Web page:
Saturday, July 30, 2005

Bribery, Corruption, and Pragmatism

I've recovered pretty much completely from the vastness of the student election bribe, and oddly found my experience of it reflected on Tim Barnett's blog today. Disbelief, followed by fine-detail combing, followed by 'well bugger me, it does seem to be as good as it sounds'. Or as Tim says:

True to form this generally somewhat cynical group did not accept it with open arms, but instead examined the fine print and looked for the trick. I can understand their disillusion with politics, so think that initial reaction was fair enough.

Yeah, that'd be it in a nutshell. There's a particular strand in the opposition to the policy (just a strand, mind, they're not all saying this) that says that students aren't doing this, that they're too silly to work out what their loan costs them or how long it takes to pay it back. Just a tip, guys: this probably isn't going to get you any support back from the people you're calling idiots.

Me personally, I HATE being bribed. It really gets my hackles up. But I'm not going to reject a policy that's, IMO, the right thing to do, just because it benefits my family. I'm also not going to reject it because it doesn't go far enough.

I'm a pragmatist, or at least I try to be. One of my little mantras is 'what do I want, what's the best way to go about getting it'. We're not going to get capped loans and universal allowance and loan write-offs all at once. That's simply too big to swallow. It's easier to get people to accept things in small doses. Likewise, I'm a fervent supporter of gay marriage, but I accept civil unions as a stepping stone.

In the spirit of pragmatism, I'll be quite interested to watch the shape of the Labour campaign from here on in, because I do wonder if they know what they're doing. They led out with what, it seems, is their biggest trump. Then they played their apprenticeship card so close to that that hardly anyone noticed. It's the kind of useful but unspectacular policy that people don't take much notice of unless it directly affects them anyway, but still... if it were me, I'd want two more big cards. One for when National's tax policy comes out, and another to close on. The polling is interesting, but infuriates me a little because it's pretty clear, I think, that this election is going to be decided by swingers and undecideds, and you have to dig to find the figures on undecideds, if they're available at all.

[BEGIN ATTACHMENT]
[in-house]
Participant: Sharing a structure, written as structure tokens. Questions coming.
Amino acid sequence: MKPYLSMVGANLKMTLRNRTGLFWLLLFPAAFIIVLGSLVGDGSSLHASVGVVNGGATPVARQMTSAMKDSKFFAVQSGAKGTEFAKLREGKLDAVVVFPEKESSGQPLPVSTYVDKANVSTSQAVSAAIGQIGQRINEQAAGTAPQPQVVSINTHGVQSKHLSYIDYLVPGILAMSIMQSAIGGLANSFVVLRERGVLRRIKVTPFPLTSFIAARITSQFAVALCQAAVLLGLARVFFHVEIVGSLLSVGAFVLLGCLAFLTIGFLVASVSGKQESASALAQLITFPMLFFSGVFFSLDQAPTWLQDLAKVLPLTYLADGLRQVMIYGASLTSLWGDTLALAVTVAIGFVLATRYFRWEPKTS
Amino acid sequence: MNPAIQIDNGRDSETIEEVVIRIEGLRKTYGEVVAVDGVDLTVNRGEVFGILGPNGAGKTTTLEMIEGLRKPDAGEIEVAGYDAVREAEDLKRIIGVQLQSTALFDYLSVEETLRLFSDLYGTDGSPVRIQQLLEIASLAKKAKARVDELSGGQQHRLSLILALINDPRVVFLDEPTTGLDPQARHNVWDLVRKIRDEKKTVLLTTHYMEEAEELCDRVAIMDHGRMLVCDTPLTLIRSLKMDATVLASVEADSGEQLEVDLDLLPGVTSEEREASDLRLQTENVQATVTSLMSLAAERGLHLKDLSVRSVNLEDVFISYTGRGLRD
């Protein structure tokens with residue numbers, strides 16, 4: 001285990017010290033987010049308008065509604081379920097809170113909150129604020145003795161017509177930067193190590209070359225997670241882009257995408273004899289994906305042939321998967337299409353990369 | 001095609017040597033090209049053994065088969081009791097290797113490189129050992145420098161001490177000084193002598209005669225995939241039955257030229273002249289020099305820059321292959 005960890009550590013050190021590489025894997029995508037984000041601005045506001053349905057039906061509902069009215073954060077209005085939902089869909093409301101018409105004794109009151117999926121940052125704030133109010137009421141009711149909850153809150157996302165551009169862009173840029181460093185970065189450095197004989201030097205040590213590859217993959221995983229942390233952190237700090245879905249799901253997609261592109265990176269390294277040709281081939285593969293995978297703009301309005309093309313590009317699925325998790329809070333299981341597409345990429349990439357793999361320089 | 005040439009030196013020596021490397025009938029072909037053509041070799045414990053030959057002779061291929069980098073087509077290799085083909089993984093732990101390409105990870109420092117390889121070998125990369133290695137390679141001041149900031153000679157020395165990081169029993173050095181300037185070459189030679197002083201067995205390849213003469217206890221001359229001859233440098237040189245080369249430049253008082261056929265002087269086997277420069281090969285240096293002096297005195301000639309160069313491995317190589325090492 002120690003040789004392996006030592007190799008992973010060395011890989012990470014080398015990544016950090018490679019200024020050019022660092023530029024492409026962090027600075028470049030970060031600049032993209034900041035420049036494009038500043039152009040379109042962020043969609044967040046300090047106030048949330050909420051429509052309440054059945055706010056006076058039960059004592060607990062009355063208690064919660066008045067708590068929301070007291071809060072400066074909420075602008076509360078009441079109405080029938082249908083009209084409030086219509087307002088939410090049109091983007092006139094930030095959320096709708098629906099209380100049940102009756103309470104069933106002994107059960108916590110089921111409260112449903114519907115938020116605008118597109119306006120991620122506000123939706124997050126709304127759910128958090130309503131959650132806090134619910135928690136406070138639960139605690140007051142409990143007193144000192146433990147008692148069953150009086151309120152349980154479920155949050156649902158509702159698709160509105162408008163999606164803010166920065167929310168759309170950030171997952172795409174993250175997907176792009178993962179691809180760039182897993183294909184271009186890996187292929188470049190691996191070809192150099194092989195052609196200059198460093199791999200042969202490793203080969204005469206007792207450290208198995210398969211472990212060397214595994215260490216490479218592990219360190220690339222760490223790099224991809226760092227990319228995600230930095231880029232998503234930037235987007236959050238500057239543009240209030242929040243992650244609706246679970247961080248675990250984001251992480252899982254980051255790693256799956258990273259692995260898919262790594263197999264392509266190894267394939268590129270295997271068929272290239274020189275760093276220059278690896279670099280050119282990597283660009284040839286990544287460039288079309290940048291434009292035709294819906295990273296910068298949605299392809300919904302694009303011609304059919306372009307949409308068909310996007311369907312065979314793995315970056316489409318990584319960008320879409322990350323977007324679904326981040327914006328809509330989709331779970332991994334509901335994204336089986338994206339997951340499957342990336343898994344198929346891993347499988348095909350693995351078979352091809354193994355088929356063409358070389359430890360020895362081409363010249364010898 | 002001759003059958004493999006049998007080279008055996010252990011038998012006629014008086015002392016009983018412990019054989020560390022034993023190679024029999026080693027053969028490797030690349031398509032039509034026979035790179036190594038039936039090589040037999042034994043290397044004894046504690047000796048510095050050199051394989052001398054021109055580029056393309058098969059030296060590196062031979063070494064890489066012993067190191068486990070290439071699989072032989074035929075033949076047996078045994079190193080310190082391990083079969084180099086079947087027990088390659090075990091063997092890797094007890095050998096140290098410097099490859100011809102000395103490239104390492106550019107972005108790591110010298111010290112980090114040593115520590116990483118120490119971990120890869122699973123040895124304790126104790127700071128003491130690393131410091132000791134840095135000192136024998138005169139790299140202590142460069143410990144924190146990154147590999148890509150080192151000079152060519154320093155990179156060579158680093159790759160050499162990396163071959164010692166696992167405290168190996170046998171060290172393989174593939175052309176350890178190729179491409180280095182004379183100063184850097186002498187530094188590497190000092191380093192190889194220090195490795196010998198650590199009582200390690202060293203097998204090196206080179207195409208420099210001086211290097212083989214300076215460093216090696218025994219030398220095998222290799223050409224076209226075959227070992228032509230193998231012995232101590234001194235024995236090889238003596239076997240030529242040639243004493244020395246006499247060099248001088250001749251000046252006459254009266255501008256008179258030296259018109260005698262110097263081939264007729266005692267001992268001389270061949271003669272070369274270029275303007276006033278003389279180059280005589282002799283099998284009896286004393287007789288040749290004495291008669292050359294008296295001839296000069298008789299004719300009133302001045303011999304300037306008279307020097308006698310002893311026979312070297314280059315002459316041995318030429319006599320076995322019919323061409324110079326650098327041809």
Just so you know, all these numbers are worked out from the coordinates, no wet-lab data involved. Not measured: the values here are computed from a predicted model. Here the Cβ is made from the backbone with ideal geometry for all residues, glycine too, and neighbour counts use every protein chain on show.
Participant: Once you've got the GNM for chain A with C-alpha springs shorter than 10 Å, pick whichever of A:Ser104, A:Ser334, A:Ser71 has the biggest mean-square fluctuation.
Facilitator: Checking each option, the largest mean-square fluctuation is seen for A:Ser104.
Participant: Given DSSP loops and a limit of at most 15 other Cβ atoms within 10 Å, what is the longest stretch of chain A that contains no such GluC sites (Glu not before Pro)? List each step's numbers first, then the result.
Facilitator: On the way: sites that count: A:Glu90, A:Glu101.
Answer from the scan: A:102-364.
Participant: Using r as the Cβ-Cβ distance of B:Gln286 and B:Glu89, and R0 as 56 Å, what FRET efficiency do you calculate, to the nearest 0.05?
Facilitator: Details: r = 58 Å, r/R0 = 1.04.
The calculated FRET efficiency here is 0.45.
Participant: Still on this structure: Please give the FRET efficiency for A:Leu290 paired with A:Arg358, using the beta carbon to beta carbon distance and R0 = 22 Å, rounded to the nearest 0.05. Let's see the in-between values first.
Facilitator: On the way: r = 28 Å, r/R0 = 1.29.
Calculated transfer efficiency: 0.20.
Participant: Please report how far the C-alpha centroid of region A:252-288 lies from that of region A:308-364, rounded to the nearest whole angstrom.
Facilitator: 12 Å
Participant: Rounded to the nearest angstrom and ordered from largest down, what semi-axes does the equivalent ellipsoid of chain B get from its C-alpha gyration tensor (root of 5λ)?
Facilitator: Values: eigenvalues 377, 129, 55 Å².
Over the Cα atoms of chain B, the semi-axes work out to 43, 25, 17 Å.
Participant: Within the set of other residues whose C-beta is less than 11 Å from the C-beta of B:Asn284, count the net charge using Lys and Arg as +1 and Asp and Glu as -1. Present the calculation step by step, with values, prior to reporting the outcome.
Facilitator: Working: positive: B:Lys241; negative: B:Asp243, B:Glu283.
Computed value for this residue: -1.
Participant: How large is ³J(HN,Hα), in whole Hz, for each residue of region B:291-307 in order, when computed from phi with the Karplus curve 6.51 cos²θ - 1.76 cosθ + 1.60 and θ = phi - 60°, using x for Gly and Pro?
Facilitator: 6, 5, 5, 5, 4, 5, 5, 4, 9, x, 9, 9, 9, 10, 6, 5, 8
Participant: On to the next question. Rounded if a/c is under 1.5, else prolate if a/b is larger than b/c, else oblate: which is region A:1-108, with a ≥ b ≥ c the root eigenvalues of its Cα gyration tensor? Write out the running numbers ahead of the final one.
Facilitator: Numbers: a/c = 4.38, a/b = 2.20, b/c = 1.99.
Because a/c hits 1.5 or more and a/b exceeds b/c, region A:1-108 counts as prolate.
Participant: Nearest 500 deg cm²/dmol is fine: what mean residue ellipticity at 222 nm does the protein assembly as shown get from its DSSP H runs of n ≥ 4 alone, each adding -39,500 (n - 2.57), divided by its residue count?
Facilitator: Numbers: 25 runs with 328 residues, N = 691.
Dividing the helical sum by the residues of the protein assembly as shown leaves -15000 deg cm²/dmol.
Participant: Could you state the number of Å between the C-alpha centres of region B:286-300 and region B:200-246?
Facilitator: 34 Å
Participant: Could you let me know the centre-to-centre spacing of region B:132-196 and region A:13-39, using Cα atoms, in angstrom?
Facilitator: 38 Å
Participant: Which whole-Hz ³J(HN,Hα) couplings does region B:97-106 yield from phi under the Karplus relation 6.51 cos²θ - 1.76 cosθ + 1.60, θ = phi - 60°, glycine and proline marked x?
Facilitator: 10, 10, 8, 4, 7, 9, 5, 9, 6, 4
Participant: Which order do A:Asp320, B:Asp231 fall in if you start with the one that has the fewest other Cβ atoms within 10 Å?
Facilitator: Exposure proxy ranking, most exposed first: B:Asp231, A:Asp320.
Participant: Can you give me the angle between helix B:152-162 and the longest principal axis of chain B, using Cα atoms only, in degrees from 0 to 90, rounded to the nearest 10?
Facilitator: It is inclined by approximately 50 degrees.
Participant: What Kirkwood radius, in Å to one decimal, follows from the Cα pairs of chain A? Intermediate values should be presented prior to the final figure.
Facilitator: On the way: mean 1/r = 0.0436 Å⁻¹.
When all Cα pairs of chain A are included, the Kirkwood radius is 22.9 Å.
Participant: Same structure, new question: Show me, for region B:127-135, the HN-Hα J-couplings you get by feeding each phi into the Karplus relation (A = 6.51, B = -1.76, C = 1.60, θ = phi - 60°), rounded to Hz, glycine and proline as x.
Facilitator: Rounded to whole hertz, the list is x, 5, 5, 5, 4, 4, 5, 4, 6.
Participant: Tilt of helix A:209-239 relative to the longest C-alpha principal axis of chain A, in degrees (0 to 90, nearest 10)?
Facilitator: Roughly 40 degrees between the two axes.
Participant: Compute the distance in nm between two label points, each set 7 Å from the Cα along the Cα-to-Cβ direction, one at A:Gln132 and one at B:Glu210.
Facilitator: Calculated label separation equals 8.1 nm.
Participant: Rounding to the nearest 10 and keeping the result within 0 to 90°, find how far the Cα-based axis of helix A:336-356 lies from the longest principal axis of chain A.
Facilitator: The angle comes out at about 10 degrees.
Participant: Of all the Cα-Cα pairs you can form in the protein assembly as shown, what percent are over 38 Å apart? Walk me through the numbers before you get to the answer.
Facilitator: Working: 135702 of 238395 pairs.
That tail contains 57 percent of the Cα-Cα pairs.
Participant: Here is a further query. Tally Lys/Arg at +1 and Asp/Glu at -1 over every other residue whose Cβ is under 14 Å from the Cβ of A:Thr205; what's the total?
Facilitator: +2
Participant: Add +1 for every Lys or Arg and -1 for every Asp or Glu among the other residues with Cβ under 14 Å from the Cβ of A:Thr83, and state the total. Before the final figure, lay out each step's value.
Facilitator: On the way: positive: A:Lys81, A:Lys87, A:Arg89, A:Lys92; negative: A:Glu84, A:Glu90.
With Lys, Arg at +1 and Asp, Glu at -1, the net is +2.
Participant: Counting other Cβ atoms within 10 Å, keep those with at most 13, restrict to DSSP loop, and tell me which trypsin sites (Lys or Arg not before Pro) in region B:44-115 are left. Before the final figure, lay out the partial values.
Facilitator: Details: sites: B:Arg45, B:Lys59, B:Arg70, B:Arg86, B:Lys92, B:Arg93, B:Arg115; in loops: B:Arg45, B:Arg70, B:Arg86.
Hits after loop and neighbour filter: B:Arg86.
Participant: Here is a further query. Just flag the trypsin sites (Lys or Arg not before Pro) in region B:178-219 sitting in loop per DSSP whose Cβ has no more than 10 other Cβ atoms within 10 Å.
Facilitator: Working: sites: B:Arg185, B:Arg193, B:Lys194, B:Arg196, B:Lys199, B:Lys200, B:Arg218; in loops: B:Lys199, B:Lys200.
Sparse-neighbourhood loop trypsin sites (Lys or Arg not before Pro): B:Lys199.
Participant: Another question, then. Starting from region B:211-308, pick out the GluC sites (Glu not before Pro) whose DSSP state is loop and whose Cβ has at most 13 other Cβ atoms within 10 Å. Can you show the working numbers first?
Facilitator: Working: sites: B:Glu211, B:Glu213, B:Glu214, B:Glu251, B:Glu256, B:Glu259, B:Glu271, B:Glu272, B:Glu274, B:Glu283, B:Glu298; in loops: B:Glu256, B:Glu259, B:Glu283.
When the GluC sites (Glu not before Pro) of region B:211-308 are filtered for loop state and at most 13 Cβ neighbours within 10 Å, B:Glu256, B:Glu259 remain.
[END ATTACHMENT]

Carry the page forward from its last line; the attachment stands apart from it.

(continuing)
And I've been quietly musing on which is the biggest campaign mistake so far, Clark's fluffy makeover for the Australian Women's Weekly, or Don Brash and the stockcar. Both were fairly excrutiating: even the least-involved potential voter knows Helen's not a prom queen and Don's not an ordinary average guy.


Anonymous quentinf said...

Writing off the interest proportion of the Student Loan is an excellent idea. Certainly, it would help me pay off my loan earlier. However, I cannot help thinking that the entire thing reeks of desperate political campaigning - Call me a cynic, however, Labour was 5 to 10 percent down in the polls when it was declared.

Also, while it is definiately a move in the right direction, the real issue here is the issue of privatised education. The Loans scheme needs to be scrapped and appropriate Universal Student Allowances brought in. The Labour Party is not prepared to do that and, unfortunately niether is any of the others.

Sadly, I really feel that there are enough people (5 - 10%)who want a real democratic socialist alternative but feel as if they have no choice but to vote for the villans on offer. Unfortunately, voting for the lesser of two evils is still supporting evil. I have decided I would rather foolishly work for something that I believe in and vote for that and fail, than vote for something that I don't believe in and get it.

Like I said if 5 -10% of us who belived in genuinely left politics/party got together we could actually get people into parliament.

5:53 pm  
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